The Manager leading the project said: “Alerts require Alert limits. They are related to the current process operating point so don’t have fixed values, unlike HiLo alarm limits, and there has previously been no way to establish Alert limit values, that would be usable for more than a few days at best. In this project, we have introduced the new PPCL GPC technology, based on an operating envelope of the process that re-calculates the Alert limits in real-time as an inter-related set of limits. The way we find the operating envelope guarantees that the process is always inside the HiLo alarm limits.”

The use of CVE delivered a significant increase in the ‘No Alarms Present’ time for each segment of the process. Using CPM to find Alert limits also generated corrective advice to assist the operator, enabling him to avoid approaching the HiLo Limits, and thus reducing their Probability of Failure On Demand. The existing HiLo Limits were rationalised one-by-one using the experience and deep process understanding of Operators and Support Engineers, with the objective of minimising the number of visible alarms and the annunciation rate at any time. This maximises the significance of those alarms that do remain visible.

Time variation of Alerts

The alarm management software in CVE2.5 can take the data plot and use an algorithm to set the operator “Alerts” at the edge of the area defining previously known good performance. So new operating Alert levels can be set when the process moves into the next phase, which might be triggered by elapsed time, or by the initiation of a valve sequence when the process moves on a step. This can be configured within the CVE software, where the Alert levels themselves move up and down in time, in step with the process.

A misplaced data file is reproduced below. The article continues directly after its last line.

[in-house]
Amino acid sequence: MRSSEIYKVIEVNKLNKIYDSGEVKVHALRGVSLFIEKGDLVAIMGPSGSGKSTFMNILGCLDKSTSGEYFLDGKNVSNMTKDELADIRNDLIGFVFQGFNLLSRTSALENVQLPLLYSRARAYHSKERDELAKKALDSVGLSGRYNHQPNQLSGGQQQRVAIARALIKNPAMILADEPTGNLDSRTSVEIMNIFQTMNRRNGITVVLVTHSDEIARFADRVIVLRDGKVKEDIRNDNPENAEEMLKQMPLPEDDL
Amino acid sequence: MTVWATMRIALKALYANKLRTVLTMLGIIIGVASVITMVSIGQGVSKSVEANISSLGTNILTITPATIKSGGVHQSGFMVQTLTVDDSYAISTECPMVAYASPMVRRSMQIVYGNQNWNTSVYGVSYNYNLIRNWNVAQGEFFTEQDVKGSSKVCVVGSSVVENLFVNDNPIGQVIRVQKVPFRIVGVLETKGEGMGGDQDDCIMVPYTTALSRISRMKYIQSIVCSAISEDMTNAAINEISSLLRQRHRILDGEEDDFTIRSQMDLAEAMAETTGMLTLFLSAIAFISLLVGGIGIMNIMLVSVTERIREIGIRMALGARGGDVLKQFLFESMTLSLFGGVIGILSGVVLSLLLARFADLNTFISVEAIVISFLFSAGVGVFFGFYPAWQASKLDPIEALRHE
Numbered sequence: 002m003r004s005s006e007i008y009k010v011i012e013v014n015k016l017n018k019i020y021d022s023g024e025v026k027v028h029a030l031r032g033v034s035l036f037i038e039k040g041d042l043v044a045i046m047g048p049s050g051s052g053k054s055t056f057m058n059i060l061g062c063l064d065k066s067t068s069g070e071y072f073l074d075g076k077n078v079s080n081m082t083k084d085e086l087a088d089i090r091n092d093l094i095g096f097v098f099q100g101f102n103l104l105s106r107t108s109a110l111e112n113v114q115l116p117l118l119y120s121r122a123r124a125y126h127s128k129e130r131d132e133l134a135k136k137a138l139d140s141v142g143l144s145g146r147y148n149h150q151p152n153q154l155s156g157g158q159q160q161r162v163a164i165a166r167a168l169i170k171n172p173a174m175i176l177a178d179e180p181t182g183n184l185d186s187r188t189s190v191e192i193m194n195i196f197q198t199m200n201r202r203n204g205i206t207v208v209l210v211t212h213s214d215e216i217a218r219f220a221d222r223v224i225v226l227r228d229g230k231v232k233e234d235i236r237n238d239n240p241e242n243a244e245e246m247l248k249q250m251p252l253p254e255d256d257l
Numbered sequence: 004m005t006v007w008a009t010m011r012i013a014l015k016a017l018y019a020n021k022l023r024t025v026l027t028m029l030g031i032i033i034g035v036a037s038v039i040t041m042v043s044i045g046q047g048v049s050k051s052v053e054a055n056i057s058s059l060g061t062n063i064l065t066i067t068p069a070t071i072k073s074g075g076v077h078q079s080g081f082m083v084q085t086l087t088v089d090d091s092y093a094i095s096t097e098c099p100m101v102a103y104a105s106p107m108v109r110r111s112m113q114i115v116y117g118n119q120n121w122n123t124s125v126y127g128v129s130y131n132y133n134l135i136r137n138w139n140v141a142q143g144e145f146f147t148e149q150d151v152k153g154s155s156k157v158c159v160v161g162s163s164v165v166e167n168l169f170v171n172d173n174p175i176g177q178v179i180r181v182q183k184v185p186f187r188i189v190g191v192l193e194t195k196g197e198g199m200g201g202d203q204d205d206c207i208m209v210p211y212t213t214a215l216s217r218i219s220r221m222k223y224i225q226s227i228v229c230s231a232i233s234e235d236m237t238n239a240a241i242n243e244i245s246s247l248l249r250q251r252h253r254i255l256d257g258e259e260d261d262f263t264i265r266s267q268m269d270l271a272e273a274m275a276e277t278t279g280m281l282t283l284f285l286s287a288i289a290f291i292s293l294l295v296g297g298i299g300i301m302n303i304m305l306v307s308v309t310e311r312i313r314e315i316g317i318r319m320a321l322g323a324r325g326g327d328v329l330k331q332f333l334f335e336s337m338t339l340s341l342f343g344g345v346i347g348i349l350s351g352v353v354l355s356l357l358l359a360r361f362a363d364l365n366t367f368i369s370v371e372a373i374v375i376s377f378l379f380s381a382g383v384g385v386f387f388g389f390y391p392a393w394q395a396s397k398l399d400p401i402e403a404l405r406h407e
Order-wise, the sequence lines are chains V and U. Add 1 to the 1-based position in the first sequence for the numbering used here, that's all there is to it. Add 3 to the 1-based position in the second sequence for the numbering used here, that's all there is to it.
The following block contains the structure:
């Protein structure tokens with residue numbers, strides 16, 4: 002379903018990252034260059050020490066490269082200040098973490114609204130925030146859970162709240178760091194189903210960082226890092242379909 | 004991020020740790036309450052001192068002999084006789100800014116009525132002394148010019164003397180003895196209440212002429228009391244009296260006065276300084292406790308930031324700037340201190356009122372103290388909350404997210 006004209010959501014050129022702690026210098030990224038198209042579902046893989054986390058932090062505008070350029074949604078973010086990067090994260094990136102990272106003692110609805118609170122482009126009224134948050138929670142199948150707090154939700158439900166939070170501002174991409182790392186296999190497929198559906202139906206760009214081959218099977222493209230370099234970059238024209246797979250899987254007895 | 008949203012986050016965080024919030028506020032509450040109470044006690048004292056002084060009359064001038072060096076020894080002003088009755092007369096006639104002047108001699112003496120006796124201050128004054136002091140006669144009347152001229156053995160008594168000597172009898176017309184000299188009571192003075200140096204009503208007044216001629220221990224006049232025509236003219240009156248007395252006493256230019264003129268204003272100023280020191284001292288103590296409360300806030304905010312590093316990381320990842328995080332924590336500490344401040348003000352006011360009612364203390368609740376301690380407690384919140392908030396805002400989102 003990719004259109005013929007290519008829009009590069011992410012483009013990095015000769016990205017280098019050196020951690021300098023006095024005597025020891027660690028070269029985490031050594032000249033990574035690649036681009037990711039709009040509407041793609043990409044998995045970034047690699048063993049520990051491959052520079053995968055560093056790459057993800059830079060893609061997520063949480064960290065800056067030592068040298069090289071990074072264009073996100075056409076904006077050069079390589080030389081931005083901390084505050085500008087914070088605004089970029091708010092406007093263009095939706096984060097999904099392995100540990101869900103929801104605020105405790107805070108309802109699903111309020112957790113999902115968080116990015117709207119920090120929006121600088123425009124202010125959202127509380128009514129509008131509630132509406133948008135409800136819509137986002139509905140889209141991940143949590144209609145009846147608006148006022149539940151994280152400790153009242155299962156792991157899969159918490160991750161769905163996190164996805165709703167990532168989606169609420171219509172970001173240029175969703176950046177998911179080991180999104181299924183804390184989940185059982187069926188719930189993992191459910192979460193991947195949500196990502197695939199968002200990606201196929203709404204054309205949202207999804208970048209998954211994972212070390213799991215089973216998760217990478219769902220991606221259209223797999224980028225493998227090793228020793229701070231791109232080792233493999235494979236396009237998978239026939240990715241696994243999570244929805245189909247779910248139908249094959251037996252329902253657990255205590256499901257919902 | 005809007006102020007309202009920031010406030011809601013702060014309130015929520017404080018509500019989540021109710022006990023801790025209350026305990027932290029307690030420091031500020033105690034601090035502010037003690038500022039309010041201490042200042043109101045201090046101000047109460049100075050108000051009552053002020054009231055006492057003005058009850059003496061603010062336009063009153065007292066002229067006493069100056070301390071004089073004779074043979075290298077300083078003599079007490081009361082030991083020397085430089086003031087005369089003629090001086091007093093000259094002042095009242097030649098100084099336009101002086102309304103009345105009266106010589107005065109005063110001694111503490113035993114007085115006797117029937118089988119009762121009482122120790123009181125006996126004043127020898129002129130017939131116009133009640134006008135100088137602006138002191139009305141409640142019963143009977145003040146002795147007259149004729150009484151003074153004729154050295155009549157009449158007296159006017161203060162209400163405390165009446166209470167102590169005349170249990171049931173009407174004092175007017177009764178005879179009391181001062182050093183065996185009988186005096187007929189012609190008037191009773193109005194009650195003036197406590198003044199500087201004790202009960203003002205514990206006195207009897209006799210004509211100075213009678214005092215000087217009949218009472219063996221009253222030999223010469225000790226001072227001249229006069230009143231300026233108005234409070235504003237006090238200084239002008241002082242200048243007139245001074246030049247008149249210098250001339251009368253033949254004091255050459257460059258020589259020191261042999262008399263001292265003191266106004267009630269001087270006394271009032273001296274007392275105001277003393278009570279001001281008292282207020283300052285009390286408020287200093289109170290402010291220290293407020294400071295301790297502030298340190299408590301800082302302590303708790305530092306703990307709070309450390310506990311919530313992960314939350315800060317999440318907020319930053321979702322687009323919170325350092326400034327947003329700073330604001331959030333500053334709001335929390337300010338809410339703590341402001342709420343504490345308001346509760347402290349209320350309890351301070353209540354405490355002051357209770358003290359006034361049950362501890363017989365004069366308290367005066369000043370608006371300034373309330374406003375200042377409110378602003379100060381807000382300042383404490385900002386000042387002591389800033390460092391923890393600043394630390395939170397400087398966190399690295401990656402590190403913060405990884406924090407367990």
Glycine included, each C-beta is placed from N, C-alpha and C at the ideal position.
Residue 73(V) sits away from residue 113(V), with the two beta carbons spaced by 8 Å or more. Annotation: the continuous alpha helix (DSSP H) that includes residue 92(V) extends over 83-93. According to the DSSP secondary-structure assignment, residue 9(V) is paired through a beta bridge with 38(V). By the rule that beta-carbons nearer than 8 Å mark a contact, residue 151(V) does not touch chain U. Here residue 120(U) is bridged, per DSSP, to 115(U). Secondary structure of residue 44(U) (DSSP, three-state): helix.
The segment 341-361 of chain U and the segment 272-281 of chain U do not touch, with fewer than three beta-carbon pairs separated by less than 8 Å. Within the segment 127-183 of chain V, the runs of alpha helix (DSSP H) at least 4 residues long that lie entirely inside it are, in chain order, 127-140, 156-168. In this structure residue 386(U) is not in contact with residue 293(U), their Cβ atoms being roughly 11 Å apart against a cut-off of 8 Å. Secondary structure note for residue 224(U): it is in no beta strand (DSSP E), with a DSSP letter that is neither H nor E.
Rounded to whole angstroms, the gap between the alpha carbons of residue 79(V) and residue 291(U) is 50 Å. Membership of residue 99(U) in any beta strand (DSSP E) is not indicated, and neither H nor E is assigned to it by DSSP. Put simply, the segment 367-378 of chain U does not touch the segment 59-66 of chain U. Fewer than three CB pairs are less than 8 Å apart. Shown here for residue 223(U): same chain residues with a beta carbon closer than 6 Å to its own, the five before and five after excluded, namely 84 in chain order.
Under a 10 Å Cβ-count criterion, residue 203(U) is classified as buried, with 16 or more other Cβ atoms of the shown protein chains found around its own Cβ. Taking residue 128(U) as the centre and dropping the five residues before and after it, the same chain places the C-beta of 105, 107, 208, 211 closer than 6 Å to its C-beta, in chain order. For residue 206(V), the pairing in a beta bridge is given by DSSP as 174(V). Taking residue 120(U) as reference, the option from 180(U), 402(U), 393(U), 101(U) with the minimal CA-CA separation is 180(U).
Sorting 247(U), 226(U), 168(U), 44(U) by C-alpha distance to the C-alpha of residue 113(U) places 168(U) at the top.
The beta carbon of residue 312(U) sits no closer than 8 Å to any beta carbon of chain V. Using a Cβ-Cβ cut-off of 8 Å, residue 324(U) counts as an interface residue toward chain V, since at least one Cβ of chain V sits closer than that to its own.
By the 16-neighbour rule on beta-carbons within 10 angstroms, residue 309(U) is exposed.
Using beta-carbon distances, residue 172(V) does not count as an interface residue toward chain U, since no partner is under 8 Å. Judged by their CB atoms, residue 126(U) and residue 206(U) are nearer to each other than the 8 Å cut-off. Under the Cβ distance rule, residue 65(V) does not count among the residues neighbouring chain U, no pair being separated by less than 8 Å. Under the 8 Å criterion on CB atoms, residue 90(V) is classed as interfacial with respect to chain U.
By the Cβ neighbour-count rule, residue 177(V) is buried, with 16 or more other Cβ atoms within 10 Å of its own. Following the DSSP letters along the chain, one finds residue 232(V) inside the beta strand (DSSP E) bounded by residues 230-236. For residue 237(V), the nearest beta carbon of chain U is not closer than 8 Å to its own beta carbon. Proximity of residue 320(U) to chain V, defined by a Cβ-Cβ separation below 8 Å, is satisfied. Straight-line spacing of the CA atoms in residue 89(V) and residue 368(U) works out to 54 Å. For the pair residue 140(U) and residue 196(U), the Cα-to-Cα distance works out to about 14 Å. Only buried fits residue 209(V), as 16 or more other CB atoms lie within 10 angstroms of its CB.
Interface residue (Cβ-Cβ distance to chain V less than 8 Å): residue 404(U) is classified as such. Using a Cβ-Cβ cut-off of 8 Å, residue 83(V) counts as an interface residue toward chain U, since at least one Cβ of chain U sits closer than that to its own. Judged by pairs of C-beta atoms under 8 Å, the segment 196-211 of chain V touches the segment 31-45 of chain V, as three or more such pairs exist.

Current pressure on oil refineries operating within the USA, after the Texas City explosion and investigation, numerous incidents since then investigated by the Chemical Safety Board, and calls for tighter OSHA regulation under the new administration, has meant that all process control alarm system procedures are under scrutiny: this style of intelligent Alert system, based on previous operational data, combined with separate ESD systems, shows potential for providing effective control: this is why there is so much interest in PPCL systems from the petrochemical and oil refining industries.

Curvaceous Software is now known as PPCL, and can be found at http://www.ppcl.com

Ian Nimmo at UCDS can be found at http://www.mycontrolroom.com